Nearly 20 years ago a voice boomed at me “We offer both ways to pay”.
I was sitting opposite a BIG man. Big in all respects: large frame, big character and a huge reputation. He had a big office, desk and chair to match. I was sitting on what felt like the floor. A small chair looking up at an industry legend.
I’d just asked him “What payment options do you offer clients?” and he delivered his deadpan “We offer both ways to pay”.
I’m not sure which two options he was referring to when he said “both”, so I sought to clarify with “Direct Credit or Credit Card?”.
“No” he boomed. “My two options are kneecaps intact or broken!”
We both laughed. It was a great icebreaker to what we both knew was a deep-seated problem his firm had endured for years.
Like most professional service providers, law firms have always struggled with payments. Let’s be clear though – it’s NOT that your clients don’t ever pay. Clients almost always do pay. The real issue is that so many don’t always pay on time when the invoice is due.
If you’re looking for proof, just check out any of the industry benchmark reports from across Australia and New Zealand for the last 20 years (take a look at the Findex-ALPMA Australian Legal Industry Financial Benchmarking Report). While law firms might commonly offer credit terms of 14 days, the reports show that on average they are paid between 50 – 60 days (debtor days).
If you were an accountant and you had a client that was being paid on average four times slower than they expected, you might have some well-intentioned words of advice.
This calculator will show you the cash flow benefits of collecting slow paying clients (debtors) more quickly.
So why are lawyers generally so poor at accounts receivable? Under all the symptoms, and side effects there are two main causes:
1. Causation One – Tension Conflict
At university you received detailed training in your chosen field of study. Many years later, you now demonstrate the skills gained with attention to detail, solving complex problems – often within tight deadlines.
You’re a trusted advisor and you relish this type of “task tension”. But that conflicts directly with the “relationship tension” that comes with making, say, a telephone call that might start with “Bob, you know that matter that we finalised for you three months ago? When do you think you will pay the invoice for that?”
We all prefer to do the things we like, and we train our team members better on things we are good at. Some good examples of being professionally focused on task tension (e.g. Filing 100% of court documents on time) but, well below average at relationship tension tasks (e.g. Having debtor days over 70).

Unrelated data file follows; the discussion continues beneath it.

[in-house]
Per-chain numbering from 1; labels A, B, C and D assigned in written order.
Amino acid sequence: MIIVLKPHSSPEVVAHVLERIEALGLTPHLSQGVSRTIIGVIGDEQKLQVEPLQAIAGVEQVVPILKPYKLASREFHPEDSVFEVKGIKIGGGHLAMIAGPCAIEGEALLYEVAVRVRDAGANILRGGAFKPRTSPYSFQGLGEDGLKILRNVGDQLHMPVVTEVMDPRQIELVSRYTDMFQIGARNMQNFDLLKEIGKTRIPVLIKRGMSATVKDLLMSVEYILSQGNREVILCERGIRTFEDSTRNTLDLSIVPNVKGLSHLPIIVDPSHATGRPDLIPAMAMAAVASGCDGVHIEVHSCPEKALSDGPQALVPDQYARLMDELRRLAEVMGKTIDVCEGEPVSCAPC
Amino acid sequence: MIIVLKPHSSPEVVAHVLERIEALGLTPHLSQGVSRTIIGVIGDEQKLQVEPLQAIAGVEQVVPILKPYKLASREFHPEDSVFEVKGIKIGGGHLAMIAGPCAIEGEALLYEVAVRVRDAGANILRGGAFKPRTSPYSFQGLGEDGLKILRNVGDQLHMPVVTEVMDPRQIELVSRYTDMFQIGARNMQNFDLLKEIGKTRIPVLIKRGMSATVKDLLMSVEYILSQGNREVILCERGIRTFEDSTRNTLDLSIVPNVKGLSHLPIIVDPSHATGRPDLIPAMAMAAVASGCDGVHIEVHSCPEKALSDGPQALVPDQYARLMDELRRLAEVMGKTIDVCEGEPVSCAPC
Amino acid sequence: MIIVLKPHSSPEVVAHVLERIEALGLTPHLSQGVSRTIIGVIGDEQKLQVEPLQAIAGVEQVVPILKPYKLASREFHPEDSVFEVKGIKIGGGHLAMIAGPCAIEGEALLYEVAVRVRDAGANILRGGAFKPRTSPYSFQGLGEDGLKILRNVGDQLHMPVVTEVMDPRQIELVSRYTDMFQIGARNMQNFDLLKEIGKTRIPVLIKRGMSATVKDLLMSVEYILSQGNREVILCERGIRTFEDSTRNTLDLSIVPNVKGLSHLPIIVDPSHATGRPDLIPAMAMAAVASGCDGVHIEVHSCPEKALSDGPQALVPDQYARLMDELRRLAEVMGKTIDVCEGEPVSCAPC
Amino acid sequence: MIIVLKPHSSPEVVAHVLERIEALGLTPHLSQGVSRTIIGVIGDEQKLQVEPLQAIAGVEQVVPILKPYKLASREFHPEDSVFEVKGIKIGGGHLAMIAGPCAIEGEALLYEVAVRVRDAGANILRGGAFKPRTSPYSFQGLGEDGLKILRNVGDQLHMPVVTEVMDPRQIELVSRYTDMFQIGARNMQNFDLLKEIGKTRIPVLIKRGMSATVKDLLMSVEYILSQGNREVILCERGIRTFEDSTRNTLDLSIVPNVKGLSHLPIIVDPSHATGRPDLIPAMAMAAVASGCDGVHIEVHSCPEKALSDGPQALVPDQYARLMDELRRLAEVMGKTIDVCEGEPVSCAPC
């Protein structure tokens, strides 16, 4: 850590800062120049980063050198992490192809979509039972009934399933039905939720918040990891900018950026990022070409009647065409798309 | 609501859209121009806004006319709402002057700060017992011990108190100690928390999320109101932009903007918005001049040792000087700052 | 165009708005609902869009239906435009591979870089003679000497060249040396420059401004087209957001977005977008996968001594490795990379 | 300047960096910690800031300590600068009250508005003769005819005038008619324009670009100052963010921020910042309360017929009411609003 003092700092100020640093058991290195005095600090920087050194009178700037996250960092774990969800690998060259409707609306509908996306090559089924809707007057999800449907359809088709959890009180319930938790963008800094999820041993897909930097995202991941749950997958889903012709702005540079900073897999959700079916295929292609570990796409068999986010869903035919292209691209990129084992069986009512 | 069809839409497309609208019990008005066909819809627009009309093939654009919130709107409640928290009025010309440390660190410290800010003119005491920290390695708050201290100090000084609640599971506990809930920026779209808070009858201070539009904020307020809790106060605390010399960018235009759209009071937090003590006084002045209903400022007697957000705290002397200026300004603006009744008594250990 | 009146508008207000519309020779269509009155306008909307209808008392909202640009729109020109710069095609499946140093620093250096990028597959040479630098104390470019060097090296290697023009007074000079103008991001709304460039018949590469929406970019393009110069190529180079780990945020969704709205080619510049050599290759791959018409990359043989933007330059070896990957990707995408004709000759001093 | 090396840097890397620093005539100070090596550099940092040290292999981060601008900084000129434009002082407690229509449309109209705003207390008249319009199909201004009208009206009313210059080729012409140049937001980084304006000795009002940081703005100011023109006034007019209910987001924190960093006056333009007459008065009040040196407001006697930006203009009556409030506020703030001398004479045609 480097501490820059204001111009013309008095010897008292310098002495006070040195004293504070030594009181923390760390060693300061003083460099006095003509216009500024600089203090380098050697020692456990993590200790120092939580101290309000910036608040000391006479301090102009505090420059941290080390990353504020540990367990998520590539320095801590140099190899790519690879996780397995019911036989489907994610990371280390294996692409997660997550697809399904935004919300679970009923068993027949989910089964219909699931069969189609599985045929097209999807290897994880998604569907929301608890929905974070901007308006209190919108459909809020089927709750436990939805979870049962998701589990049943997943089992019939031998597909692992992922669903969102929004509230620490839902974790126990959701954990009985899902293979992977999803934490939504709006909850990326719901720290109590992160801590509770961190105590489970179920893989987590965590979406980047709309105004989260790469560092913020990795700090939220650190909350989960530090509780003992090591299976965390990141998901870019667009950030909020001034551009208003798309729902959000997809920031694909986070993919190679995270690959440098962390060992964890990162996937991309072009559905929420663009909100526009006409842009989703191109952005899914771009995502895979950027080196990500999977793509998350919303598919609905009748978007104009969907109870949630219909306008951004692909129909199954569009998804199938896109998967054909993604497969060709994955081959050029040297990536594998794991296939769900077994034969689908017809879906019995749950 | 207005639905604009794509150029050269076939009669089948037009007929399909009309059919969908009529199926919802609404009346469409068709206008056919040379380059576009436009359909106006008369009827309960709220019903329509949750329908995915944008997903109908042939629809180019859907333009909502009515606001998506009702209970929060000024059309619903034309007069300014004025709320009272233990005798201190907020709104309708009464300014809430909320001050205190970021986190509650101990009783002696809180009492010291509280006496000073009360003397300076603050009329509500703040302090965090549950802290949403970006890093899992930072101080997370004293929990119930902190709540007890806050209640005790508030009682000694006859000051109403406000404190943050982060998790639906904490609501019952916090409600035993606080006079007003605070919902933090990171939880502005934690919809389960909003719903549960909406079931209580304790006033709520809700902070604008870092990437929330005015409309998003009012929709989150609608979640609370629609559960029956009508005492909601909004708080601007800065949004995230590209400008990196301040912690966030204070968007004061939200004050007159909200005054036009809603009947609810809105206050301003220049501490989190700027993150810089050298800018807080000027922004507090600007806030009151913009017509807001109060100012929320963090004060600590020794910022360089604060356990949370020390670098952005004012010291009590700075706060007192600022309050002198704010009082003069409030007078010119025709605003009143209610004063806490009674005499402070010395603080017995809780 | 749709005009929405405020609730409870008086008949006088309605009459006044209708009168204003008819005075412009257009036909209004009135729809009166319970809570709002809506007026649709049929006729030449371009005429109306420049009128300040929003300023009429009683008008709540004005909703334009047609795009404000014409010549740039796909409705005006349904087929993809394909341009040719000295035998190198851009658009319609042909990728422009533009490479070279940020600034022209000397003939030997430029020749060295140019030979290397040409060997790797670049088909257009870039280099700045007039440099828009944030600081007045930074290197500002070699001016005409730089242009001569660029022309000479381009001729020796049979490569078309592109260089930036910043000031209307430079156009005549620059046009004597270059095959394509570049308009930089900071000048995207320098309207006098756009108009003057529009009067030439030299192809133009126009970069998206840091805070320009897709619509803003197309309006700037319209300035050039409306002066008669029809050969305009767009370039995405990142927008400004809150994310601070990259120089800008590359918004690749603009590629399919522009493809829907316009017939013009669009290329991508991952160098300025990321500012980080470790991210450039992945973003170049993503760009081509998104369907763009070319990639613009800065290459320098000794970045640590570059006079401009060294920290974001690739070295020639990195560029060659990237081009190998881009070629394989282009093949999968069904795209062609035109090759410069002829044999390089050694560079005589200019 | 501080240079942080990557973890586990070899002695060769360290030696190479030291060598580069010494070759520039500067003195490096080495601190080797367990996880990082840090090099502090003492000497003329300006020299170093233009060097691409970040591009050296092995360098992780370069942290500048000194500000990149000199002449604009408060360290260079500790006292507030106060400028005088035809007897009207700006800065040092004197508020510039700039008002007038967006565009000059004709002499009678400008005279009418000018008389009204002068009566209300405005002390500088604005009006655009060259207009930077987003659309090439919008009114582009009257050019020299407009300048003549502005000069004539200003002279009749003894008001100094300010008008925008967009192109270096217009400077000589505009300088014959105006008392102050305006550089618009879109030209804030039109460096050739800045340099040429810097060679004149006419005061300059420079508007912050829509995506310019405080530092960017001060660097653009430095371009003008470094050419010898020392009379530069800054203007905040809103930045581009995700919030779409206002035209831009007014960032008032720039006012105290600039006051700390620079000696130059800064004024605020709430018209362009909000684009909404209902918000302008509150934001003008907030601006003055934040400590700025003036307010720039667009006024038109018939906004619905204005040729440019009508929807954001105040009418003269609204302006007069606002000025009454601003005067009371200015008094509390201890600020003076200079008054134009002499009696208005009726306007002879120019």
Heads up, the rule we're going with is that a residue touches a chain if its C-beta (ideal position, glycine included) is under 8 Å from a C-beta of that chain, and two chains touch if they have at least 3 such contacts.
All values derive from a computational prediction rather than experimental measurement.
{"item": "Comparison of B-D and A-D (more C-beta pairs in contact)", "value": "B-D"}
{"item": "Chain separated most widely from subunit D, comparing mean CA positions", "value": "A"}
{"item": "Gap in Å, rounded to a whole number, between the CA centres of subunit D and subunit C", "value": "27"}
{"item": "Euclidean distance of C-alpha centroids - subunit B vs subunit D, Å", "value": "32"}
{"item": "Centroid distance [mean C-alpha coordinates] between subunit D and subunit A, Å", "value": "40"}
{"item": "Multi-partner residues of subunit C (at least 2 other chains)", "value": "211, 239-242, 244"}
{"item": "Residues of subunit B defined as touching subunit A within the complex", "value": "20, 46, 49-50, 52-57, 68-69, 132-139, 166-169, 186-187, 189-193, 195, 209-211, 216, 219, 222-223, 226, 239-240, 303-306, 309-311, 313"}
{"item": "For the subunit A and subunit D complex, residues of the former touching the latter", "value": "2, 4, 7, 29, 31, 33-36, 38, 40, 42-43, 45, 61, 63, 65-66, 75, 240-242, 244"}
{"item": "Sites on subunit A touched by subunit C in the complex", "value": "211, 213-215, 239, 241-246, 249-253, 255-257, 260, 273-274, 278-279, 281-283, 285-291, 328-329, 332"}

2. Causation Two – Lack of Priority
As a law professional you are likely to be earning good money, have a growing practice and are busy juggling multiple other management priorities. Becoming more efficient with your accounts receivable is probably a relatively low priority. After all, does it really matter if a client pays a little bit late?
Cash flow inefficiencies caused by slow payers only becomes an issue when …well, when it really matters.
Strong, predictable cash flow is like keeping your gutters clean at home. In summer, you choose to spend time at the beach rather than cleaning the gutters – good on you, it doesn’t really matter. That said, when it rains heavily and unexpectedly, and your blocked gutters cause a flood of dirty water through your living area, then it really matters.
On average, smaller firms get paid a little more quickly than medium firms since they can less afford to be apathetic. Conversely, the largest firms are paid the slowest. That is not surprising either, since the owners are a long way away from both the problem (efficient accounts receivable), and spending time on struggle street.
For decades, the existence of ongoing Conflict of Tension and a Lack of Priority has held many law firms back from realising their cash flow potential. Remaining inefficient is no longer an option.
Our next Blog in this three-part series explores the two inescapable trends in legal service delivery that will render ongoing apathy around payment efficiency as dangerous. We will explore two reasons why successful adaptation and improvement might generate more revenue opportunities. Conversely, we will also explore two reasons why failure to adapt may spell an end to the golden weather for law firms.